logo
  Join        Login             Stock Quote

IMF Global Financial Stability Report

 April 08, 2008 02:34 PM


The IMF has announced:

The widening and deepening fallout from the U.S. subprime mortgage crisis could have profound financial system and macroeconomic implications, according to the IMF's latest Global Financial Stability Report (GFSR).
At present, the issuance of most structured credit products—instruments that pool and tranche credit risk exposures in various ways—is at a standstill and many banks are coping with losses and involuntary balance expansions, the April 2008 report said. The report examines this and other forces that could push the current credit crisis into a full credit crunch, as well as offering policy recommendations to mitigate the impact.

[Related -Optimism Moving Back Into The Equation]

The full report is available online (all 211 pages!).

There is bound to be massive excitement regarding their estimate of $945-billion in total losses due to the credit crunch - this has already been picked up by the Globe and Mail and, in turn, by Financial Webring Forum.

This figure comes from Table 1.1 of the report, and is most interesting since it is in two parts: the first half of the table estimates losses from Unsecuritized US Loans as being $225-billion on $12,370-billion outstanding (= 1.8%), while the "Estimate of Mark-to-Market Losses on Related Securities" is $720-billion on $10,840-billion outstanding (=6.6%). This is not entirely due to the somewhat different mix of these sectors - unsecuritized commercial real estate has an estimated loss rate of 1.25%, while CMBS has a loss rate of 22.3%. There will undoubtedly be some screaming that the bad paper was securitized, but let's have a look at the methodology for the estimates, found in Annex 1.2 on page 46 of the report (page 63 of the PDF):

Losses on different types of loans were estimated from regression analysis using various relevant factors, such as changes in unemployment, lending standards, and housing and commercial real estate pricing, as relevant. In each case, the outstanding stock of the type of loan was multiplied with the change in the forecasted loss (charge-off) rate. The underlying historical data on loan loss rates and changes in lending standards were obtained from the Federal Reserve.

Losses on residential and commercial mortgages were also estimated by a second procedure. This one involved a three-step process.

Next Page >>12
iOnTheMarket Premium
Advertisement

Advertisement


Comments Closed


rss feed

Latest Stories

article imageShould You Invest In The Hottest New Trend In Finance?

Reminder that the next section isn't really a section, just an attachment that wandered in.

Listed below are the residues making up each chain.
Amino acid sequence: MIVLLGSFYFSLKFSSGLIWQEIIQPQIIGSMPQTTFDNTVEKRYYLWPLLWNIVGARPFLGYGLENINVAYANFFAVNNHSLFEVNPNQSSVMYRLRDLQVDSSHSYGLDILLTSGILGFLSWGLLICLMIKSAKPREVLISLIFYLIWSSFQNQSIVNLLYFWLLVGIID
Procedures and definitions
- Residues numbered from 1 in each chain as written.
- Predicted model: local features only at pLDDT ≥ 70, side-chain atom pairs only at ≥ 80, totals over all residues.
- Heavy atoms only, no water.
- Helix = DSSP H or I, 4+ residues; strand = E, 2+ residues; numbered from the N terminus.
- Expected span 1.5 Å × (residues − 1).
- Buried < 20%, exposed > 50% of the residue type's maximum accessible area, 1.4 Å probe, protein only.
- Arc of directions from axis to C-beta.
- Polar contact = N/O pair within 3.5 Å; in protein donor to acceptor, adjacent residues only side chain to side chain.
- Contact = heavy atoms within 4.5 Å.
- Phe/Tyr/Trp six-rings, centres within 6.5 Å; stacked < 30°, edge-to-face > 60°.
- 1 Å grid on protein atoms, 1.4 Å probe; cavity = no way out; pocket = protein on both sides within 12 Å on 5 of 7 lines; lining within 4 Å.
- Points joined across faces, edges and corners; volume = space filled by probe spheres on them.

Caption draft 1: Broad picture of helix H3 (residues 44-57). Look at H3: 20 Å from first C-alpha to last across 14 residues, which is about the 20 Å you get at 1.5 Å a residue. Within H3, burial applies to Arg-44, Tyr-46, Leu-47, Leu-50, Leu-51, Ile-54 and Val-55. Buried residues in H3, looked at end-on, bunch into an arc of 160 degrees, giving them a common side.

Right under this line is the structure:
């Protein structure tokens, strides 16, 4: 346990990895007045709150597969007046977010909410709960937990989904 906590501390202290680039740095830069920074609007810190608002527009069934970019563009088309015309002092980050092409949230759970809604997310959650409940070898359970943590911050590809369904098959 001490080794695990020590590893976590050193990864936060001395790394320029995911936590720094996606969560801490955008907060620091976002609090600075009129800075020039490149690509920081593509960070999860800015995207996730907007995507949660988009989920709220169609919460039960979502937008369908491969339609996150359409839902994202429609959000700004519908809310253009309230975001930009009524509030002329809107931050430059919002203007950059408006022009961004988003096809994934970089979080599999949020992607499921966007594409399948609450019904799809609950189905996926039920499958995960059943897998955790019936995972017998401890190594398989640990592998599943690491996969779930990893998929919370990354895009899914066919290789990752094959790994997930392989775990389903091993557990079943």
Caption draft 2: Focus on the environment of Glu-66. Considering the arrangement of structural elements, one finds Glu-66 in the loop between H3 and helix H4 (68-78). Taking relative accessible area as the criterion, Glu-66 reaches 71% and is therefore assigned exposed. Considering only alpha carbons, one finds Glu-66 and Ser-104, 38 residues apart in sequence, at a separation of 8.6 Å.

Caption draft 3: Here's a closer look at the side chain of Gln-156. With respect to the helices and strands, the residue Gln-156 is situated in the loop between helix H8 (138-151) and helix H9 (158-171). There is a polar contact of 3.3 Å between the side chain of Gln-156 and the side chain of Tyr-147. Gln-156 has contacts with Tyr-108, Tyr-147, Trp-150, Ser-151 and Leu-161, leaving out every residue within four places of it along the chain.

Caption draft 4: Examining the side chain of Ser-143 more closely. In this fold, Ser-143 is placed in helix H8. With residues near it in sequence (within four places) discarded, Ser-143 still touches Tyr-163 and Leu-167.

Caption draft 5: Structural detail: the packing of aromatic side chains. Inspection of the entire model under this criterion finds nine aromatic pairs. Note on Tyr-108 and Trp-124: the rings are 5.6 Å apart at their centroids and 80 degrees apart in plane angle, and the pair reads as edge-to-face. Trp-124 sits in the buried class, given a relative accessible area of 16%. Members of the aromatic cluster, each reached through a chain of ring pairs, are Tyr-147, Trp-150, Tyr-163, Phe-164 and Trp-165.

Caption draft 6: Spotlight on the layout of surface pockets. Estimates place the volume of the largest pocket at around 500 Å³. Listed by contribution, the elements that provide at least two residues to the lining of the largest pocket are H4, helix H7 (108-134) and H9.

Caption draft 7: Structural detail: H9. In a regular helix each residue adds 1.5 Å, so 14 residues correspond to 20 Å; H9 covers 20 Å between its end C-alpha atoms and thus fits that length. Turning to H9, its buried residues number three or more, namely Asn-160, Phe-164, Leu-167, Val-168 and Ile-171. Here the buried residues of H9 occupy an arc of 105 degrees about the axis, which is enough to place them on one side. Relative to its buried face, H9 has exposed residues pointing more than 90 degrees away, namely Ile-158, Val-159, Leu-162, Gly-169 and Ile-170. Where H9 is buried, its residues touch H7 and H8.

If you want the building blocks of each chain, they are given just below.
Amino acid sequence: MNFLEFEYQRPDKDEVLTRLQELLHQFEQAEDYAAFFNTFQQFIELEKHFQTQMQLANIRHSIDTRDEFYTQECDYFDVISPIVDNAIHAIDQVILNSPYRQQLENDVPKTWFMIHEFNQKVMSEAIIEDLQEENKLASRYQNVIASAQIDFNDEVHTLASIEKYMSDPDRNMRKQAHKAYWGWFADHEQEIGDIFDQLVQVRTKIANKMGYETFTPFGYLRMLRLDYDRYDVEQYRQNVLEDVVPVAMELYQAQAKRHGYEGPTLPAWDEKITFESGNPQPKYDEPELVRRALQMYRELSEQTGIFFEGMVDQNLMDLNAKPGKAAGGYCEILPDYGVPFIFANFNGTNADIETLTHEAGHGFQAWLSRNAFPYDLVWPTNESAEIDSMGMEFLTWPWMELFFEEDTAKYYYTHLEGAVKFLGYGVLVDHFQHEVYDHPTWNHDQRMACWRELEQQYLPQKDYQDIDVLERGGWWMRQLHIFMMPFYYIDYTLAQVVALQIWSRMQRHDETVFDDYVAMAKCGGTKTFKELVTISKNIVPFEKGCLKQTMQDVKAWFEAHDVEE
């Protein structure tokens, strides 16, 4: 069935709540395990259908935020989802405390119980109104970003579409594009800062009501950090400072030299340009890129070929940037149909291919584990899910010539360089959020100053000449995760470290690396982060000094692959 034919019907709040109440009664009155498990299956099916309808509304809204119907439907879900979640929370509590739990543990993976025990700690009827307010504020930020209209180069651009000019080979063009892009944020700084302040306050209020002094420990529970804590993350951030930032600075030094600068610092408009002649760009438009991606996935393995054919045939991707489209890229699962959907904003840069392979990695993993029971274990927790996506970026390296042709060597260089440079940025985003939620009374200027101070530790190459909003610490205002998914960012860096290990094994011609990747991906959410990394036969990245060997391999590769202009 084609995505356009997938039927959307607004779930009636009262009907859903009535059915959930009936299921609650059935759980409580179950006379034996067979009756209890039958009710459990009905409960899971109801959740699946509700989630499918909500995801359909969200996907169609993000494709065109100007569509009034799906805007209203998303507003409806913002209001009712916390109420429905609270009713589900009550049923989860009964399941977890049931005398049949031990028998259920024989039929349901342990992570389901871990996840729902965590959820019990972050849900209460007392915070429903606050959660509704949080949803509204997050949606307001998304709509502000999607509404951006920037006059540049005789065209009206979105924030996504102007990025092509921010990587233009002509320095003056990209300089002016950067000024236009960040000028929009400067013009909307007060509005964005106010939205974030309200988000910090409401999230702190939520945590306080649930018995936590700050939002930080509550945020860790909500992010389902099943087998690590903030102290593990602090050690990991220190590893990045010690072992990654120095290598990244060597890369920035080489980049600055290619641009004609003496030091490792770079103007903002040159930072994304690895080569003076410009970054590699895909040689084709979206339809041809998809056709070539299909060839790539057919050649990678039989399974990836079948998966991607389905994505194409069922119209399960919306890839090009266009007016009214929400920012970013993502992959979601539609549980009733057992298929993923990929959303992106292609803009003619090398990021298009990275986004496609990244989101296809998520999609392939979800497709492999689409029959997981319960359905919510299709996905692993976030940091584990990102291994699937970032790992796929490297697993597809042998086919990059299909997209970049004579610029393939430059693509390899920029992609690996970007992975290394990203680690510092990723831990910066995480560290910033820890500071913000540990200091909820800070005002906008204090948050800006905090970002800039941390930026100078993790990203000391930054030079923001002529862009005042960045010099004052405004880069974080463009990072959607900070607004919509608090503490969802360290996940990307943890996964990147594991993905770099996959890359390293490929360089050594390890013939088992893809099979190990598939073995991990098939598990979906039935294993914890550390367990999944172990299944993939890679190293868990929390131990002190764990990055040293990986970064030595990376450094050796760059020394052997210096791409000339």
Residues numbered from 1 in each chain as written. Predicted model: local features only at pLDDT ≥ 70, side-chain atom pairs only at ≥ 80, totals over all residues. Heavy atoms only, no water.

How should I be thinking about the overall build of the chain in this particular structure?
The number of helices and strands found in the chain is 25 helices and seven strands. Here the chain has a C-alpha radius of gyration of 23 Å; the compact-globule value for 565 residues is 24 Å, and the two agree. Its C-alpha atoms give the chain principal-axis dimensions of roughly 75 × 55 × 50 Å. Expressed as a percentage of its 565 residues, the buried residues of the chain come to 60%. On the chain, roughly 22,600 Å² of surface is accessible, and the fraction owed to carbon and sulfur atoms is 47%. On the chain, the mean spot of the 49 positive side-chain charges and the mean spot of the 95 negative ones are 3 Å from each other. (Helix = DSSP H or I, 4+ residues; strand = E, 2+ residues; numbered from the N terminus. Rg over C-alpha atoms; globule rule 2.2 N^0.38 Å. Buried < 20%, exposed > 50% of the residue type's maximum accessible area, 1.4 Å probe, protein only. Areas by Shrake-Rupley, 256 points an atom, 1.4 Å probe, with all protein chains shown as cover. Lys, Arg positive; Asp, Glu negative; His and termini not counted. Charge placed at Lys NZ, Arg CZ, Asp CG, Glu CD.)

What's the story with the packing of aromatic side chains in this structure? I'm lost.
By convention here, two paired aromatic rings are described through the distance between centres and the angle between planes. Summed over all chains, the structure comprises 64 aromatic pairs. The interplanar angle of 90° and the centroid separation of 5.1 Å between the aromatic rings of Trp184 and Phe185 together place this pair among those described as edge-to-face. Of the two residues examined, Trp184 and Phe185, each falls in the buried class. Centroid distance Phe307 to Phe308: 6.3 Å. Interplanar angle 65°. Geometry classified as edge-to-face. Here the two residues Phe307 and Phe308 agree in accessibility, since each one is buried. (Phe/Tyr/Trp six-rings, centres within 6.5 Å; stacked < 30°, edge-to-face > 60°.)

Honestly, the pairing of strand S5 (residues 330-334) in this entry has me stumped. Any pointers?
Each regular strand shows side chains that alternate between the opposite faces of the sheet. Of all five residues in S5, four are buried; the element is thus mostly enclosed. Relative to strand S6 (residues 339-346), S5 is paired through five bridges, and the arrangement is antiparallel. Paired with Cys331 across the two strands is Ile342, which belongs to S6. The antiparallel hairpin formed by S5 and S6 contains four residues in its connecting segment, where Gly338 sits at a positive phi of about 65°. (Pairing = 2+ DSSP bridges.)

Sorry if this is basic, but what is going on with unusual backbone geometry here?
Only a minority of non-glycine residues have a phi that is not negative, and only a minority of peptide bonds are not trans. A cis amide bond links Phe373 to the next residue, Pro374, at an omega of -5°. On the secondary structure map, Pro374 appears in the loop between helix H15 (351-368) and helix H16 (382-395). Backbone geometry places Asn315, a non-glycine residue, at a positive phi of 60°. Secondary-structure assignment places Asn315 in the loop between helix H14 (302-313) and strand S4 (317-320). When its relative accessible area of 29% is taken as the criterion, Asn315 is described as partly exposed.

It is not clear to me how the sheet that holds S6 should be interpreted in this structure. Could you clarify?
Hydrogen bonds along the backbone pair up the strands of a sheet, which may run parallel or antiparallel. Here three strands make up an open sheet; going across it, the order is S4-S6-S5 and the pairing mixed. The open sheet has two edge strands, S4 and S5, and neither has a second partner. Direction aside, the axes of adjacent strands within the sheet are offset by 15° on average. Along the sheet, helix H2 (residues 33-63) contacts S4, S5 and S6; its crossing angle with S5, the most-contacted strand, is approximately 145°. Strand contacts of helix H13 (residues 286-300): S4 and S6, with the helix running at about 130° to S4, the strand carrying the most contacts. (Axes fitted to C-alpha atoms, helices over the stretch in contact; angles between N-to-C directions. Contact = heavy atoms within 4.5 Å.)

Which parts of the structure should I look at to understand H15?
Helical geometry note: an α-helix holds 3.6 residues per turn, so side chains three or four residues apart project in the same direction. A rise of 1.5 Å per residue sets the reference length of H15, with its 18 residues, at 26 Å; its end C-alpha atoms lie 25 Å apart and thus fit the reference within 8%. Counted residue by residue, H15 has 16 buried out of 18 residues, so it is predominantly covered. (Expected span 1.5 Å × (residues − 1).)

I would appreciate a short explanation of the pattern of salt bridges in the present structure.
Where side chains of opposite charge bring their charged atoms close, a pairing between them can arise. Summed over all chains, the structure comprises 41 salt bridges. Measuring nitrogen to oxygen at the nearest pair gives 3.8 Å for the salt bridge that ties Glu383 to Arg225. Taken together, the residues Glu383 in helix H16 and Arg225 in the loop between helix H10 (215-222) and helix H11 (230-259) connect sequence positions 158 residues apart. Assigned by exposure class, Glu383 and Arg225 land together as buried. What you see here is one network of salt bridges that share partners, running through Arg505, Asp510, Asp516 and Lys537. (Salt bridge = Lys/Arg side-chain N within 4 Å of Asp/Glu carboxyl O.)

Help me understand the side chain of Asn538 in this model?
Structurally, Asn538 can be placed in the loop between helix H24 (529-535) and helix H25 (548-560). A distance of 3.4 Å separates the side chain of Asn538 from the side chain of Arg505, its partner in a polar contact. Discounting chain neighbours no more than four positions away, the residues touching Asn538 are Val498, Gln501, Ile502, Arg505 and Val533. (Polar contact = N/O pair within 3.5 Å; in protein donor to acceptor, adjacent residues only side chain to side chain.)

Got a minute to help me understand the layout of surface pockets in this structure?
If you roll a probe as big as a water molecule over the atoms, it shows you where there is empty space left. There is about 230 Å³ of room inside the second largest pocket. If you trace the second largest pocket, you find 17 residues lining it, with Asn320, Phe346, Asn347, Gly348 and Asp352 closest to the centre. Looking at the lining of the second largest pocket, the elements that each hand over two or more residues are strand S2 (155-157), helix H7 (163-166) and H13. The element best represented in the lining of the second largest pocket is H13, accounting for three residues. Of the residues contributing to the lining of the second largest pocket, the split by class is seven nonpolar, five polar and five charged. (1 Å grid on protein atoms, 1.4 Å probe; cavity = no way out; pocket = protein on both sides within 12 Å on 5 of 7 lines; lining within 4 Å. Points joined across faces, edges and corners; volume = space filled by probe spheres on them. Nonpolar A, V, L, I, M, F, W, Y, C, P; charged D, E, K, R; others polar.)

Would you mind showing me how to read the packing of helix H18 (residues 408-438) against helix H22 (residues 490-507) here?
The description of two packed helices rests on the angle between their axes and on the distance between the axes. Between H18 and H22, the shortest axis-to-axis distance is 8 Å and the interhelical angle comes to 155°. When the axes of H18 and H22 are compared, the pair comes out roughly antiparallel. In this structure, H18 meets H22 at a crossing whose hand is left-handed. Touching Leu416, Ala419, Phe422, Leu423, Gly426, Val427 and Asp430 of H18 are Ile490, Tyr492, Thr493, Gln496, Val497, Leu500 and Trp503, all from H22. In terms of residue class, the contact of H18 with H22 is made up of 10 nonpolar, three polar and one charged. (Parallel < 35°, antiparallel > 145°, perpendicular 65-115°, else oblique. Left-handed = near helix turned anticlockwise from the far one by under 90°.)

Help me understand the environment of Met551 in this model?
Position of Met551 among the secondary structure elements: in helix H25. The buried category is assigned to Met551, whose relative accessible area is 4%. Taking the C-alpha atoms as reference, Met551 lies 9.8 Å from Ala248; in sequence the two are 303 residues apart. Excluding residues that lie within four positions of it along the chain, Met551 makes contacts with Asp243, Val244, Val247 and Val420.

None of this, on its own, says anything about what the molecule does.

Thanks to major changes in regulation, social media and technology, the business of banking has undergone read on...

article imageStrong Attractor in Action Pulling S&P 500 Down

The attractor is formed by the 200-day moving average and the 50% Fibonacci retracement of the up move from read on...

article imageIs The Weak Housing Market A Warning Sign For The US Economy?

Today’s US economic releases – housing starts and business survey data for the manufacturing sector – read on...

article imageShort-term Pullback or Something Worse?

A few weeks ago when we called for a short-term pullback of 4 to 5%, it was due solely to the short-term read on...

Advertisement
Popular Articles

Advertisement
Daily Sector Scan
Partner Center

Related Articles:

The CLO Market - Then And Now
More Articles on: Medical



Fundamental data is provided by Zacks Investment Research, and Commentary, news and Press Releases provided by YellowBrix and Quotemedia.
All information provided "as is" for informational purposes only, not intended for trading purposes or advice. iStockAnalyst.com is not an investment adviser and does not provide, endorse or review any information or data contained herein.
The blog articles are opinions by respective blogger. By using this site you are agreeing to terms and conditions posted on respective bloggers' website.
The postings/comments on the site may or may not be from reliable sources. Neither iStockAnalyst nor any of its independent providers is liable for any informational errors, incompleteness, or delays, or for any actions taken in reliance on information contained herein. You are solely responsible for the investment decisions made by you and the consequences resulting therefrom. By accessing the iStockAnalyst.com site, you agree not to redistribute the information found therein.
The sector scan is based on 15-30 minutes delayed data. The Pattern scan is based on EOD data.